Lavishing praise on pupils who are struggling is not the best way to boost their educational performance.
New research by the Sutton Trust has found many common teaching practices are in fact ineffective and could actually prove to be counter-productive in the long term.
The study looked at over 200 pieces of research in an effort to identify what makes a great teacher, dismissing a few myths along the way.
Among the other methods that are lacking good case study support are that letting kids discover key ideas on their own, using students' "preferred learning styles" to present information and grouping students by ability leads to better results.
Instead, the trust identified several tried and tested methods that continue to facilitate a good learning experience for youngsters. These include tests, asking a lot of questions and monitoring responses, and challenging students to consider why an activity is taking place during a lesson.
Professor Robert Coe from Durham University was one of the lead researchers and he believes there is no such thing as the perfect "recipe" for being a good teacher.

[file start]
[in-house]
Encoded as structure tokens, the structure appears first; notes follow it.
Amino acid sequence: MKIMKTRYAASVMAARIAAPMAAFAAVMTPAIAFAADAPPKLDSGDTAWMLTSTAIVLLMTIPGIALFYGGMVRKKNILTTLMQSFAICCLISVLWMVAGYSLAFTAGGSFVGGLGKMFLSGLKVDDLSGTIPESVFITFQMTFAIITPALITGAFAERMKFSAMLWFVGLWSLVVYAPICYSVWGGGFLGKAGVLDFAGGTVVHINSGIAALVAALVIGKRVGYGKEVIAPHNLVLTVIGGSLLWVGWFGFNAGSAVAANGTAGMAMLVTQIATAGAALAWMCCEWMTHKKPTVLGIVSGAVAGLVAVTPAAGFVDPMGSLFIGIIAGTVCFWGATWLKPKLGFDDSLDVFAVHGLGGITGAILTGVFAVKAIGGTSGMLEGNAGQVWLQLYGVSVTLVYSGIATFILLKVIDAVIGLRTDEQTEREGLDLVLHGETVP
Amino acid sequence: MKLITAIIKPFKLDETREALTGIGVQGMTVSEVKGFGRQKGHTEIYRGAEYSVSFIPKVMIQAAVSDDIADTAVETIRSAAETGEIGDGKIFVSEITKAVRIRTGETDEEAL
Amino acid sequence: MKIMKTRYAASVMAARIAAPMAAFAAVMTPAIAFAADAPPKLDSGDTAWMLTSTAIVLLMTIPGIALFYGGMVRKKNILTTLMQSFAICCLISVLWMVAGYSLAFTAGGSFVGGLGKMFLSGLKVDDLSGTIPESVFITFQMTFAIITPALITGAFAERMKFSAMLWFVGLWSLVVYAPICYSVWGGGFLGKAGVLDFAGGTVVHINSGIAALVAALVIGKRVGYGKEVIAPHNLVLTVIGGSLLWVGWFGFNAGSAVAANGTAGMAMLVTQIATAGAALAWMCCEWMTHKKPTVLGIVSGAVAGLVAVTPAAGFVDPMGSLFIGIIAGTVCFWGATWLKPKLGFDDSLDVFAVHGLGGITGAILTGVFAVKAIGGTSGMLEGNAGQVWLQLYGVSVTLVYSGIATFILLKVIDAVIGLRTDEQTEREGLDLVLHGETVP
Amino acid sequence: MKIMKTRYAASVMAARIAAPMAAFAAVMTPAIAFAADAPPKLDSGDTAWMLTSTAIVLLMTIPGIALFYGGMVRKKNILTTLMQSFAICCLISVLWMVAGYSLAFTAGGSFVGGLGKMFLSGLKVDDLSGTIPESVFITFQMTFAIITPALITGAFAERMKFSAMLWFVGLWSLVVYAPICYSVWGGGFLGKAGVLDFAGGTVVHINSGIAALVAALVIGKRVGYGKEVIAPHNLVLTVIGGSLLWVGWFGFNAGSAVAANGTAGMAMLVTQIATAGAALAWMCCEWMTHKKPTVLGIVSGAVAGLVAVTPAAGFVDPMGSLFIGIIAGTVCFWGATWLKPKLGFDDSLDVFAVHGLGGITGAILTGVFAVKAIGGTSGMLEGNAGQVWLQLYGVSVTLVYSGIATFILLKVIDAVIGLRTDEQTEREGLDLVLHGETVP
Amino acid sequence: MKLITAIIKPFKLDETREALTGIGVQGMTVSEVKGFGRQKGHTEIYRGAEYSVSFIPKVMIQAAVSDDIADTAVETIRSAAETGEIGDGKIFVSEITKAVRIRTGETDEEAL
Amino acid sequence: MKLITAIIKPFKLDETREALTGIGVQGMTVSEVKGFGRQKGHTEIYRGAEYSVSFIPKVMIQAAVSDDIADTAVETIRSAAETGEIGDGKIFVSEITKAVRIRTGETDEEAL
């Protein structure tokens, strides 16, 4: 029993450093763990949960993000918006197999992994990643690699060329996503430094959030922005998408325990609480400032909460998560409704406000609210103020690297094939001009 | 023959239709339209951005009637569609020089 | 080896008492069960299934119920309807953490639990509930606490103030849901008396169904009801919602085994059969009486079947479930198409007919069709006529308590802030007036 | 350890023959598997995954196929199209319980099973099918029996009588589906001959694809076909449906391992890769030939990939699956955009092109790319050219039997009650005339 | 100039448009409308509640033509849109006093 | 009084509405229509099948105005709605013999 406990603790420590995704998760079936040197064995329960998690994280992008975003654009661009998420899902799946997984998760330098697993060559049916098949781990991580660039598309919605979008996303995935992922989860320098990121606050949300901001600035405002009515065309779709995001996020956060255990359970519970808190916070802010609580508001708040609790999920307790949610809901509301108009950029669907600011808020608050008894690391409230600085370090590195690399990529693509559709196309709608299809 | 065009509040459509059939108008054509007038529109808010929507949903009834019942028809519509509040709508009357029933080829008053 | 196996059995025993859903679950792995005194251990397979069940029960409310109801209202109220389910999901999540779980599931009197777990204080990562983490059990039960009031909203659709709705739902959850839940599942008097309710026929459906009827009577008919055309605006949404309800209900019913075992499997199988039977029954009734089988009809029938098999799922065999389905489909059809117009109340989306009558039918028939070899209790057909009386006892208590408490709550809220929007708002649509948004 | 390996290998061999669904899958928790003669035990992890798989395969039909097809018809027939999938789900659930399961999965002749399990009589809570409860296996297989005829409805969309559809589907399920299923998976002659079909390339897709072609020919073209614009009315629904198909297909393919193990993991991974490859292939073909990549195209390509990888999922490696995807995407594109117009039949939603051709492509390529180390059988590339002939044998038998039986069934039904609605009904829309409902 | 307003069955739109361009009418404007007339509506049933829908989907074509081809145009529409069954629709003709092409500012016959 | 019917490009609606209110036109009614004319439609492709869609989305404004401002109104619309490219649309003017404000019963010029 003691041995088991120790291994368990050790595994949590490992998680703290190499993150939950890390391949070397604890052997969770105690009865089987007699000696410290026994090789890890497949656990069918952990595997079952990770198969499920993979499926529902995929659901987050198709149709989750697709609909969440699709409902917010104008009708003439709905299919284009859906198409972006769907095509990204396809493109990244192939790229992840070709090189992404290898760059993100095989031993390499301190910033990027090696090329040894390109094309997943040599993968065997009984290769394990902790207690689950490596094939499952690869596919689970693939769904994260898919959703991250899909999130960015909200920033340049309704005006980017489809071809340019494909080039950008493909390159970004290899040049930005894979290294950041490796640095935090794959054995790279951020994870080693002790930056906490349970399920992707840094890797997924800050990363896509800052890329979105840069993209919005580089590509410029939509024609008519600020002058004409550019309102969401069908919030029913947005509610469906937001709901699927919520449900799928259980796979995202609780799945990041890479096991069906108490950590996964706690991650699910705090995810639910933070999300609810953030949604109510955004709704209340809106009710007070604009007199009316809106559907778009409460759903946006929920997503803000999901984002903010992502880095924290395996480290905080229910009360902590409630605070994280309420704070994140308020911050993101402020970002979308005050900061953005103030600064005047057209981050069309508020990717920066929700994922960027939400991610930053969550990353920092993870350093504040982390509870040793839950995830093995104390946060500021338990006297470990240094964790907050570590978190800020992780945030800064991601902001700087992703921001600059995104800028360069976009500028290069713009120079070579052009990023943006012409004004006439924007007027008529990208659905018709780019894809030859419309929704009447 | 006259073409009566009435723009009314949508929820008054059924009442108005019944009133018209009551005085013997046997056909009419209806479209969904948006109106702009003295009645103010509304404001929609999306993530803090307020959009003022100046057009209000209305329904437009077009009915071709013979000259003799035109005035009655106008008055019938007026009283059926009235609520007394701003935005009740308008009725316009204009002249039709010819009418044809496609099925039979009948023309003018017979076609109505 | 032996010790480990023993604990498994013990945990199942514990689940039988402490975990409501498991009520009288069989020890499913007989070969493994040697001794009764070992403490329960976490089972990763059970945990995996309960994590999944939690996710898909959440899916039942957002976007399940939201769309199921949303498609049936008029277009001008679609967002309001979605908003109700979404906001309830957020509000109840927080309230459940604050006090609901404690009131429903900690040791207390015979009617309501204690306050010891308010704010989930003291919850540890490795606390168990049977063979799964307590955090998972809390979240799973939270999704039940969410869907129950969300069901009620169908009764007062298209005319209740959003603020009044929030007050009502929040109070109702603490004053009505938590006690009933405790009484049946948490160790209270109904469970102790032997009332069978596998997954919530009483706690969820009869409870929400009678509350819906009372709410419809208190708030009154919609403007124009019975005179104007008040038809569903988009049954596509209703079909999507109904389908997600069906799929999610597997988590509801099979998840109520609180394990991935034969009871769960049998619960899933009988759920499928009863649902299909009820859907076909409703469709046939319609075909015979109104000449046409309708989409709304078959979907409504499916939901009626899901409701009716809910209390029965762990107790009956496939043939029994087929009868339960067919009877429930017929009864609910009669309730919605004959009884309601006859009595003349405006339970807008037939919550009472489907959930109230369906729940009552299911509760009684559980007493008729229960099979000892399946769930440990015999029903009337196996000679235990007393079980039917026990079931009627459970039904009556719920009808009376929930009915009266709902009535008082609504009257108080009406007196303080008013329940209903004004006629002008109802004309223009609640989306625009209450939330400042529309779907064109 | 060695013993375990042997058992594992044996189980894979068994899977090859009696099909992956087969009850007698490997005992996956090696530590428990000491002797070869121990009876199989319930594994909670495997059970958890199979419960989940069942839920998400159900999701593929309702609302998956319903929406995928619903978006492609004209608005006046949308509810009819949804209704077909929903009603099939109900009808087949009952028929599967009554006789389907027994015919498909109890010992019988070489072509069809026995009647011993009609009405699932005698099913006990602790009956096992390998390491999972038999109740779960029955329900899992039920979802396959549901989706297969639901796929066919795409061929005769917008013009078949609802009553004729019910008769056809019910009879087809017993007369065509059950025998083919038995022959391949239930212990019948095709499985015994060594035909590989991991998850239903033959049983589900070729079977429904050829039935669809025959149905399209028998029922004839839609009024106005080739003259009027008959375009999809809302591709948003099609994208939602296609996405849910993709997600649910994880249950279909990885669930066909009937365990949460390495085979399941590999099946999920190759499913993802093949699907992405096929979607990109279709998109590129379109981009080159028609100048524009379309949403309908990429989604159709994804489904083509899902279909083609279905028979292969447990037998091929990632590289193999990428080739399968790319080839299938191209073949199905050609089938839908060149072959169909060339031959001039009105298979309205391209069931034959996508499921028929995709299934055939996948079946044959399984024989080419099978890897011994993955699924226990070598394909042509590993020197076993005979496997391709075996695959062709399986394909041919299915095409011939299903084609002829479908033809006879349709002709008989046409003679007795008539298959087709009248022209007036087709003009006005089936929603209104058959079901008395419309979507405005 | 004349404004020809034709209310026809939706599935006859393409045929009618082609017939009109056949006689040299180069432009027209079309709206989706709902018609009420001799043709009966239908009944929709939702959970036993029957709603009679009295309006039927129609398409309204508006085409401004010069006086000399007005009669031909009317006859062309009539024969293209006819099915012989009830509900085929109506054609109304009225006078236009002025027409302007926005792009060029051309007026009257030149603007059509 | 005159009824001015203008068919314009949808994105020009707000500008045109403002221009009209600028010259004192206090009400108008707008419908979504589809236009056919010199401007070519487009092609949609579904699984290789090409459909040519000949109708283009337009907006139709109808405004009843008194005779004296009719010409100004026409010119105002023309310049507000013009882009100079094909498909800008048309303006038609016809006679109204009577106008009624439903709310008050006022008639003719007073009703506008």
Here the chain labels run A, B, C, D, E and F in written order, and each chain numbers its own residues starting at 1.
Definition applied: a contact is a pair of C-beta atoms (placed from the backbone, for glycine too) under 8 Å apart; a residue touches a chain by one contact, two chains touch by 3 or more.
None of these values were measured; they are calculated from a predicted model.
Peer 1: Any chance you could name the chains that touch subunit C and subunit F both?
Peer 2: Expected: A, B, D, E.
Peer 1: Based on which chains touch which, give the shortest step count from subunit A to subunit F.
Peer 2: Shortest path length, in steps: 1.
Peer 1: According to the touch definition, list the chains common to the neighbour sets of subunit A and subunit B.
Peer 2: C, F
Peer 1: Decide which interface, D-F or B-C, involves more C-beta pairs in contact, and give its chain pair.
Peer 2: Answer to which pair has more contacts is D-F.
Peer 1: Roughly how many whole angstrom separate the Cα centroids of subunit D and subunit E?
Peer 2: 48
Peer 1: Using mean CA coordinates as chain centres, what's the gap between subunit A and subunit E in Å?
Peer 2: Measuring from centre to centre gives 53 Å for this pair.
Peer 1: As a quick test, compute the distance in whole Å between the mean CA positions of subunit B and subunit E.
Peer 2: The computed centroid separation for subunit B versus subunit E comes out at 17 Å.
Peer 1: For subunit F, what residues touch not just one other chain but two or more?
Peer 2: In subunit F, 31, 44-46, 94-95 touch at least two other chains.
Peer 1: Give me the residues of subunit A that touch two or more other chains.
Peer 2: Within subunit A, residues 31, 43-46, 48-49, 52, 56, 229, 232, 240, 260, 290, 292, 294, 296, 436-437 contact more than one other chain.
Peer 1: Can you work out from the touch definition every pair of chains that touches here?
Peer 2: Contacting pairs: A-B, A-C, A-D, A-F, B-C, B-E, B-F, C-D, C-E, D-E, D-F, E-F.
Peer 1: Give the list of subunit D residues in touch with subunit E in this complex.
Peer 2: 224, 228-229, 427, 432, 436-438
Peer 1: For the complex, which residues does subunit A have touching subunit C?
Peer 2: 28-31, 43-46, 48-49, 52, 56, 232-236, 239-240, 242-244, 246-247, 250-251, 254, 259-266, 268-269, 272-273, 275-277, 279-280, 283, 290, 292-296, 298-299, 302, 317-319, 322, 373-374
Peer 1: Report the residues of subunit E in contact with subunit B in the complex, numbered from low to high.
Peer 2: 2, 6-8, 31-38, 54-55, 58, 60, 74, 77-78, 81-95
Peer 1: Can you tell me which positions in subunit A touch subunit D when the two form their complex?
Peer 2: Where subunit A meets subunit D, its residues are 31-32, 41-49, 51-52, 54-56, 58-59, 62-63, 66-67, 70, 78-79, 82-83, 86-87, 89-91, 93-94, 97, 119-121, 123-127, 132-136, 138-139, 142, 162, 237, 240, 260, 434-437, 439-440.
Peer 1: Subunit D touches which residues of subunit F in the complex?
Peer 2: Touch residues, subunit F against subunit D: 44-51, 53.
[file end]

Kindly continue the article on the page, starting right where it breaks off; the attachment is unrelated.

"[But] teachers need to understand why, when and how a particular approach is likely to enhance students' learning and be given time and support to embed it in their practice," he added.
Professor Coe acknowledged that teaching is a very complex profession, and so judging the relative merits of one style over another is hard to do.
Two factors identified as having the biggest impact on improving students are a strong knowledge and understanding of a subject, and effective questioning and the use of assessment by teachers.
The classroom climate, classroom management, teachers' beliefs and professional development were also highlighted as having an effect on the quality of education children will receive.
Dr Lee Elliot Major, director of policy and development at the Sutton Trust, called it "a scandal" that professional development is routinely overlooked.
Posted by Tim Colman